RUSH: And gets the point that I was making on Monday. Okay, Trump’s been in this a long time now. It’s not the first day. And I think what we’re seeing is evidence of just how serious he is. He is in the midst here of a transformation to a more substantive, less flamboyant (but still there) place. And he can revive it at any moment and with credibility, and does. But there’s a new depth of character here to the Trump campaign and to Trump. And what I chalked it up to was a sense of stage presence. Anybody who is a public performer has a sense of stage presence. It is the sense of empathy that tells the successful performer how he or she is being perceived. And it is that empathy and that stage presence that then instinctively instruct a public figure what direction to take.
I think what’s happening to Trump is that as he’s in it longer, it becomes more and more likely that he can win and will. And that carries with it new levels of responsibility, public perceived responsibility. I’m not saying that Trump was joking at first and is all of a sudden getting serious. I’m talking about the way he is presenting himself in public. If you have a sense of stage presence about this — and he does — then you know when it’s time to either evolve or transform yourself. And he’s in the midst of doing that now, which was my point. Now, let’s go to the Today show this morning on NBC. Katy Tur interviewed him about the campaign. It’s about 19 seconds. This is the result.
TUR: The GOP front-runner is still ahead, but with Ben Carson creeping in, now signs he may be changing his tone. For a candidate not known for second-guessing himself, the brash billionaire does admit —
TRUMP: I think I could be perhaps a little bit, um, I can watch my words a little bit, maybe be a little bit more politically correct.
RUSH: See, now, he doesn’t really mean he’s gonna be politically correct. He’s voicing what I just told you is happening. He now has a sense that his chances are really rock solid good. And so he’s admitting here that his tone is gonna change a little bit. He’s gotta be very careful, though, that the substance doesn’t change. I really don’t think he should even be talking about this. It’s the old, you execute the marketing plan; you don’t tell people what it’s gonna be. You just do it. But she asked him a question, and he answered it. And he said, “Yeah, yeah, I’m gonna be watching my words a little bit, maybe a little bit more politically correct.”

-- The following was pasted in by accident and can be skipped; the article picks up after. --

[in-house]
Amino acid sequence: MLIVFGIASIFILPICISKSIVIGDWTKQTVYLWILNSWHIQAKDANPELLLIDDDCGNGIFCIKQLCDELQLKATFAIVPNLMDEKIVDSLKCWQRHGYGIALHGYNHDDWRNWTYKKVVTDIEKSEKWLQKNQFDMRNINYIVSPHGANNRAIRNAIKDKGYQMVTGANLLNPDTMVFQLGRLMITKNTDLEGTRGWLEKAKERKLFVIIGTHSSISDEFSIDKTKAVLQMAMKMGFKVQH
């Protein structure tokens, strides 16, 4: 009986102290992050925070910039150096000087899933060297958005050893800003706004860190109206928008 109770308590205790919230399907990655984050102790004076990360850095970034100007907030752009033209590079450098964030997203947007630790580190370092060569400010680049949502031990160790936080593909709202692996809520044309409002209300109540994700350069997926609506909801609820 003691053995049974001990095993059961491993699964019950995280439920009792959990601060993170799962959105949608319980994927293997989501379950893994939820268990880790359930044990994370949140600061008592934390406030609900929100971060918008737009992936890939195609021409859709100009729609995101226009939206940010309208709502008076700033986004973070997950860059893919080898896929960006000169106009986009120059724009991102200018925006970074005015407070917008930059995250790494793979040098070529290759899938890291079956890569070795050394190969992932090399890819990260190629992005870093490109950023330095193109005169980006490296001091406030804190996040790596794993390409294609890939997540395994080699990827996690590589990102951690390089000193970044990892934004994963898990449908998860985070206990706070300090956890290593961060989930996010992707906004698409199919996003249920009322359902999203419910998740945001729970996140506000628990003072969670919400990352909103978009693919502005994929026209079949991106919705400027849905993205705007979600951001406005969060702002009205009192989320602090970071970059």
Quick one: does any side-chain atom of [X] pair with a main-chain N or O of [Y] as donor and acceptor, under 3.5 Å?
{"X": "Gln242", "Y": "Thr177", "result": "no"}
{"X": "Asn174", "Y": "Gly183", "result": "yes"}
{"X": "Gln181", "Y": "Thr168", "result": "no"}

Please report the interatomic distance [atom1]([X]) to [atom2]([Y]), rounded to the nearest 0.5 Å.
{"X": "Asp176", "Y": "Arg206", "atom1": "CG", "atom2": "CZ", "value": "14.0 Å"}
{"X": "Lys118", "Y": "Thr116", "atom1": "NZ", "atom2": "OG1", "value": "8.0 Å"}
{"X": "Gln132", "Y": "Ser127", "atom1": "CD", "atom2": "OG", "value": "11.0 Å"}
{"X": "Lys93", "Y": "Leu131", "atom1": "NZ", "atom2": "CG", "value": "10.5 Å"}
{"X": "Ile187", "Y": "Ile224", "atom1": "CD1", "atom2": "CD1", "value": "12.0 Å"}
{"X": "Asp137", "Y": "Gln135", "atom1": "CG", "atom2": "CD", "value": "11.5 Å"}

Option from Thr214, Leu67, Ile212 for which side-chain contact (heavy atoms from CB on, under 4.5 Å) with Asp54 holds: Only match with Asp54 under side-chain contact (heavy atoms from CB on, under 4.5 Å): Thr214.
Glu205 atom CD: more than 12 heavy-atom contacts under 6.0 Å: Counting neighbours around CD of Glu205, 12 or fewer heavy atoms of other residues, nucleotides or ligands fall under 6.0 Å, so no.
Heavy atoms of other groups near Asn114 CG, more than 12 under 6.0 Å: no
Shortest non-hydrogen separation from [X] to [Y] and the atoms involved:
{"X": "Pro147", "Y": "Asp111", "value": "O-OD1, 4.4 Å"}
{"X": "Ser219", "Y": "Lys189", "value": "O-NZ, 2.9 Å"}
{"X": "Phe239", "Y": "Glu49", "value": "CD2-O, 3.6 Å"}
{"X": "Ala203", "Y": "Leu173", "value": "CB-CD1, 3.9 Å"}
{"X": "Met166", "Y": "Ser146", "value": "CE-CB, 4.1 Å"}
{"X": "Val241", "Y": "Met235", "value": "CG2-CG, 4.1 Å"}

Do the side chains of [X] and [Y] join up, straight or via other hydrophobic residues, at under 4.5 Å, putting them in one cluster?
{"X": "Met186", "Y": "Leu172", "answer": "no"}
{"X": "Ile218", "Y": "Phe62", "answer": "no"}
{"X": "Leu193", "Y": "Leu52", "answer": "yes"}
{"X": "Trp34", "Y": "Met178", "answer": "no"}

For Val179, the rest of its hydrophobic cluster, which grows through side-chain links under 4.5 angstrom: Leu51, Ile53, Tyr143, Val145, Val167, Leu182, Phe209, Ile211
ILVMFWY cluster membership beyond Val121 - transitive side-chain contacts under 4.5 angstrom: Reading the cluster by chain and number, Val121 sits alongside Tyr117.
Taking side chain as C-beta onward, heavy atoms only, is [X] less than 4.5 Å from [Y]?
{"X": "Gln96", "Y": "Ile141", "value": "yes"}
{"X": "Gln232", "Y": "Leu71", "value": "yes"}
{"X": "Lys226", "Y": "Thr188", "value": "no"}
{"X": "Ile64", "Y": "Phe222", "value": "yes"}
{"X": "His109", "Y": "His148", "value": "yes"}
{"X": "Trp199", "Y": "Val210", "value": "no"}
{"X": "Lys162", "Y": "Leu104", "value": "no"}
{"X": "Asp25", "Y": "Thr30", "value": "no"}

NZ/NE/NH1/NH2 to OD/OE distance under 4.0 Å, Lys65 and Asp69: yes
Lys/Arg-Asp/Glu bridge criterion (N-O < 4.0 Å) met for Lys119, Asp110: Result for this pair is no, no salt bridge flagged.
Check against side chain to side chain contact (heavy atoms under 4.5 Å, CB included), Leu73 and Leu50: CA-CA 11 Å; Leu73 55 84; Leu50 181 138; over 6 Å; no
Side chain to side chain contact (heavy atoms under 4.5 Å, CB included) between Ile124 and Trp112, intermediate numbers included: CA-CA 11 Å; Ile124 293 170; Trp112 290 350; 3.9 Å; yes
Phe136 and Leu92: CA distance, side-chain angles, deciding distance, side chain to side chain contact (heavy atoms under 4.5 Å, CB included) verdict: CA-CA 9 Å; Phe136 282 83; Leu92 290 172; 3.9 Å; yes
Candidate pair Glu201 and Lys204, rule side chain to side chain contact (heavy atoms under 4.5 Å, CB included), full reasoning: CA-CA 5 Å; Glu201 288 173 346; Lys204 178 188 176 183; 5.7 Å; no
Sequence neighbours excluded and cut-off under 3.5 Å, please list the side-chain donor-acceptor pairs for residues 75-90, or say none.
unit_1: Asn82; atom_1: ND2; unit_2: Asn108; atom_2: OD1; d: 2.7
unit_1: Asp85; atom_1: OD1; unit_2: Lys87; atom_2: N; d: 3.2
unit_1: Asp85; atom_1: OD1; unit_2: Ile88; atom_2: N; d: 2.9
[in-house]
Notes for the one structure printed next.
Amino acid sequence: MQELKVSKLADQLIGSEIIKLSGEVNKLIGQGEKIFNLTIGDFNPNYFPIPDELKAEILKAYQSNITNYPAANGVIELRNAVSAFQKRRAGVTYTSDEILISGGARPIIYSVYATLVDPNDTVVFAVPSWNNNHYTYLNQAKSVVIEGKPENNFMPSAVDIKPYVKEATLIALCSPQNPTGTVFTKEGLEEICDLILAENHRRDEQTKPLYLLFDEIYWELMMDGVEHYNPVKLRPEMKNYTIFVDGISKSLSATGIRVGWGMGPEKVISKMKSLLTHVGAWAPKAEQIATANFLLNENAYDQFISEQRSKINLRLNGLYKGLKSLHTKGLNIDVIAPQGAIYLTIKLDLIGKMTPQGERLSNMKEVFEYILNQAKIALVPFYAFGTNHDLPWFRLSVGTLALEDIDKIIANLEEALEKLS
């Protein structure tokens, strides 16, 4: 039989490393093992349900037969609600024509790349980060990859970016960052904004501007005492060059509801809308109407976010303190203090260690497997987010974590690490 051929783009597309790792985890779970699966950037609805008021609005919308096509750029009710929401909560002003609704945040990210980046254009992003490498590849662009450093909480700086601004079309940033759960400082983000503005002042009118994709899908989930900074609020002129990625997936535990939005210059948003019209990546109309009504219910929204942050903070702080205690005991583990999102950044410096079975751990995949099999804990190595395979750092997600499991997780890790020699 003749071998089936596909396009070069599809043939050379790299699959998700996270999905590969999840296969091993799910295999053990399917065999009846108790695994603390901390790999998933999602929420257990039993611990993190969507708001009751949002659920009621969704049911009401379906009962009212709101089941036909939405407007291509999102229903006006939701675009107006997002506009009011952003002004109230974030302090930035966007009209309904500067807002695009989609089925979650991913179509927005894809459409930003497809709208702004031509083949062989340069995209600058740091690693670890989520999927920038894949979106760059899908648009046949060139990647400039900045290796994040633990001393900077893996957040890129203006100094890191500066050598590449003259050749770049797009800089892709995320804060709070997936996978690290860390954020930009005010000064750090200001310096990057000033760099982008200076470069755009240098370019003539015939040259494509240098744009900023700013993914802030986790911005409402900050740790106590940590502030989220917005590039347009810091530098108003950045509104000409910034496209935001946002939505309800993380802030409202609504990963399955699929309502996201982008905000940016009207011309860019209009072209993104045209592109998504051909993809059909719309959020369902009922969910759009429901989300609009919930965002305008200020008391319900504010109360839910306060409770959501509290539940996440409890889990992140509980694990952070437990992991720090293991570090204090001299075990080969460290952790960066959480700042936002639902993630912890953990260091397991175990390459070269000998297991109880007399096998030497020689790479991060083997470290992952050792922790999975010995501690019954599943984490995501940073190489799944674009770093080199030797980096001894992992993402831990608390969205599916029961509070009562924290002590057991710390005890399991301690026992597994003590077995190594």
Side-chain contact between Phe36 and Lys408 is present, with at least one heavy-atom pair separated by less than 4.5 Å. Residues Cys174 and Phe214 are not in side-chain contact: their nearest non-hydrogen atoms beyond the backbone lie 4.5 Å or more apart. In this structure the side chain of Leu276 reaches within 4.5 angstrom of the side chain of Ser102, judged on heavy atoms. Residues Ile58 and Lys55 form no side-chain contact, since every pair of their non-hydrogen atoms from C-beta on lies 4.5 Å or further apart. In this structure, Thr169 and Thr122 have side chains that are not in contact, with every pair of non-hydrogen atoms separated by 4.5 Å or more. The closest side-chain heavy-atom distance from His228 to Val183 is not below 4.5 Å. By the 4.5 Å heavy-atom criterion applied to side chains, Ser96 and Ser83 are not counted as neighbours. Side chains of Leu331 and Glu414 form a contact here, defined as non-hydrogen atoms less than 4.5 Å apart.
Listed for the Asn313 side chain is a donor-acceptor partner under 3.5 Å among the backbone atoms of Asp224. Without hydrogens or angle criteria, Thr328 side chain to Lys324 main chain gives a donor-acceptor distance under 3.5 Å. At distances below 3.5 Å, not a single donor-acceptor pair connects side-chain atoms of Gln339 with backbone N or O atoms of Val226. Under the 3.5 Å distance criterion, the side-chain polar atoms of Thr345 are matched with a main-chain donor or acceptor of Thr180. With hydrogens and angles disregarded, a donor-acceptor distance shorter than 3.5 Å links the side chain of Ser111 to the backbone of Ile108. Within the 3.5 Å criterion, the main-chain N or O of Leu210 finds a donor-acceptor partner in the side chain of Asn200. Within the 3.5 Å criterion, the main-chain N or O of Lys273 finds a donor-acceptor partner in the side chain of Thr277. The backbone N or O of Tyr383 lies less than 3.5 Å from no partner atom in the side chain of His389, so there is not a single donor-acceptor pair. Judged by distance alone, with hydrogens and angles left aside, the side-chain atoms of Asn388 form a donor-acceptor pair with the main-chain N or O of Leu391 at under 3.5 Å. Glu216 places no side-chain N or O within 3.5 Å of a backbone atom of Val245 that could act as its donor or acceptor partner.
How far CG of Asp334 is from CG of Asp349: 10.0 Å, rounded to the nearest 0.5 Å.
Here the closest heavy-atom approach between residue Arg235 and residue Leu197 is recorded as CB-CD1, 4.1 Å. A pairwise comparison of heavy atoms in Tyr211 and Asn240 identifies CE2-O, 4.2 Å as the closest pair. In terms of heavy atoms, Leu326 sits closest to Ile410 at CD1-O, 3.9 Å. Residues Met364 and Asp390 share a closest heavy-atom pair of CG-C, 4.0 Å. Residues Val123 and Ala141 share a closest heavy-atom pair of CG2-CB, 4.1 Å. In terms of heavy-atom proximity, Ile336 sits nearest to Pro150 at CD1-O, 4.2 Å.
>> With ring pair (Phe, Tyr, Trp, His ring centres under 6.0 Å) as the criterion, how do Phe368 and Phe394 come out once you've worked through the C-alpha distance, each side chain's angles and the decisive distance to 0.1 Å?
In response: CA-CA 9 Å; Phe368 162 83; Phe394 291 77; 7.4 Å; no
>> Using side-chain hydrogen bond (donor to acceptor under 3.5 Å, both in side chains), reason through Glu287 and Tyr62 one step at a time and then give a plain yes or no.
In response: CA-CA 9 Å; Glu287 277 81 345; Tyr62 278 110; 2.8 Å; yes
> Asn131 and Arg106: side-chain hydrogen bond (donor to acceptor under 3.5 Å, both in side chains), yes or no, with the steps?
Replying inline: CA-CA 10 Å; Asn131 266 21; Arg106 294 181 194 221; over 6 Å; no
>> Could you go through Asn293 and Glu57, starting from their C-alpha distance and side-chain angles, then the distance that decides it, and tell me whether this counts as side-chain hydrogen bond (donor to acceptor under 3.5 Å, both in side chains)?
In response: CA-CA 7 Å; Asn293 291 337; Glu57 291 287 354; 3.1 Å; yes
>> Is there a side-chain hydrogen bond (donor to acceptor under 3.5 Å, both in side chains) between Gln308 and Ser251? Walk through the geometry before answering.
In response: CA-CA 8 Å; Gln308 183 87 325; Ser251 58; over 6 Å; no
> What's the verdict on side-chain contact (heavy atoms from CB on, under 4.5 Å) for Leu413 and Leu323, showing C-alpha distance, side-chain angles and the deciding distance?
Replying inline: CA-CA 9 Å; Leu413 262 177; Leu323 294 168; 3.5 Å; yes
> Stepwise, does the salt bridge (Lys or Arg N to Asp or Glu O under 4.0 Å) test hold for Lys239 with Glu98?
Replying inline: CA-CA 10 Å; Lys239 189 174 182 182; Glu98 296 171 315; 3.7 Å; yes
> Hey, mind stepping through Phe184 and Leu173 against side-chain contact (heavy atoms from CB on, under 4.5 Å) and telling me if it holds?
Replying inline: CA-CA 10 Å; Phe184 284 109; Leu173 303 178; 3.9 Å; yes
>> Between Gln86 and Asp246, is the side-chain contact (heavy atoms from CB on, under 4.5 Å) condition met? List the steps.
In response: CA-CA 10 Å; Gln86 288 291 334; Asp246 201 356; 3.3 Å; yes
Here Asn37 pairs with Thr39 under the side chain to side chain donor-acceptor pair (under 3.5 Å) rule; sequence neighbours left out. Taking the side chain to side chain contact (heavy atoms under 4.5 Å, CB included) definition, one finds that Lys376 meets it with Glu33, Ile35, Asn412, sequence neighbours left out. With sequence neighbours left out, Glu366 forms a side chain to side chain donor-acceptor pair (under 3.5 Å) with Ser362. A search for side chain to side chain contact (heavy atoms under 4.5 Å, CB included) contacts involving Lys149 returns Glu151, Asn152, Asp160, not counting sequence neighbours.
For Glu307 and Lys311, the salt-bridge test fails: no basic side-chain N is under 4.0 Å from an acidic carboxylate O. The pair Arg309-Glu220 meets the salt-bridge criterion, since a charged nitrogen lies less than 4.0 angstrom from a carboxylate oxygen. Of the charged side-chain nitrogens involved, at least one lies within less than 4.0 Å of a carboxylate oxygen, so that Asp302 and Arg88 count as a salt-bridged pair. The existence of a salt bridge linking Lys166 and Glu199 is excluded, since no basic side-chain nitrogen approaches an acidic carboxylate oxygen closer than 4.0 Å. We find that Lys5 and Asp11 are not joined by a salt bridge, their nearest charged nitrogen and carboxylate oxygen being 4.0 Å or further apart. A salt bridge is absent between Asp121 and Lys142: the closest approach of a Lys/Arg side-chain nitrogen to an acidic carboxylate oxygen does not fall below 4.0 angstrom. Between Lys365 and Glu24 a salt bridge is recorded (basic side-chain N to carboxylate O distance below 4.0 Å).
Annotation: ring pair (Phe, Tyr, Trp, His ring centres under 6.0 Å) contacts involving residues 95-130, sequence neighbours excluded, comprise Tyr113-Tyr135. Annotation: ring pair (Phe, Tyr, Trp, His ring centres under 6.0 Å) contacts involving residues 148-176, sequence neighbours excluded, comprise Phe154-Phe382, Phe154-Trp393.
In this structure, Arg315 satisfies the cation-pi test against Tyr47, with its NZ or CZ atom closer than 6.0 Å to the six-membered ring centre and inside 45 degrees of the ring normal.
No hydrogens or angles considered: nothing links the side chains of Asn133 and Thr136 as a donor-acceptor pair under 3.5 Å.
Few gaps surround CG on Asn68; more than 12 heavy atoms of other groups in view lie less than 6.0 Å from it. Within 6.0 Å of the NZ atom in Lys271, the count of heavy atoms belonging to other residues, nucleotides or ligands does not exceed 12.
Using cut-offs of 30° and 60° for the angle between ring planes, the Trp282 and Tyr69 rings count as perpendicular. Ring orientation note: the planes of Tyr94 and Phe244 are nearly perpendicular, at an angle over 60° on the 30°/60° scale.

Don’t worry, Trumpsters, it doesn’t mean he’s going PC. It just means he’s going to get a little bit more serious more of the time. That’s all it means, because he has a sense that the situation requires it now and that the circumstances demand it now. Now, having said that, just to show you that he has not lost anything. I don’t want any of you Trumpsters getting worried yet. Let’s go to Richmond, Virginia, last night, a campaign event, Trump back to form.
TRUMP: I watched Hillary last night with, “We’re gonna give this! We’re gonna give that!” The poor woman. She’s gotta give everything away because this maniac that was standing on her right is giving everything away; so she’s following.
TRUMP: That’s what’s happening!
TRUMP: This socialist, slash, communist, okay? Nobody wants to say it.
AUDIENCE: (cheers and applause)
TRUMP: I call him a “socialist, slash, communist,” okay? ‘Cause that’s what he is!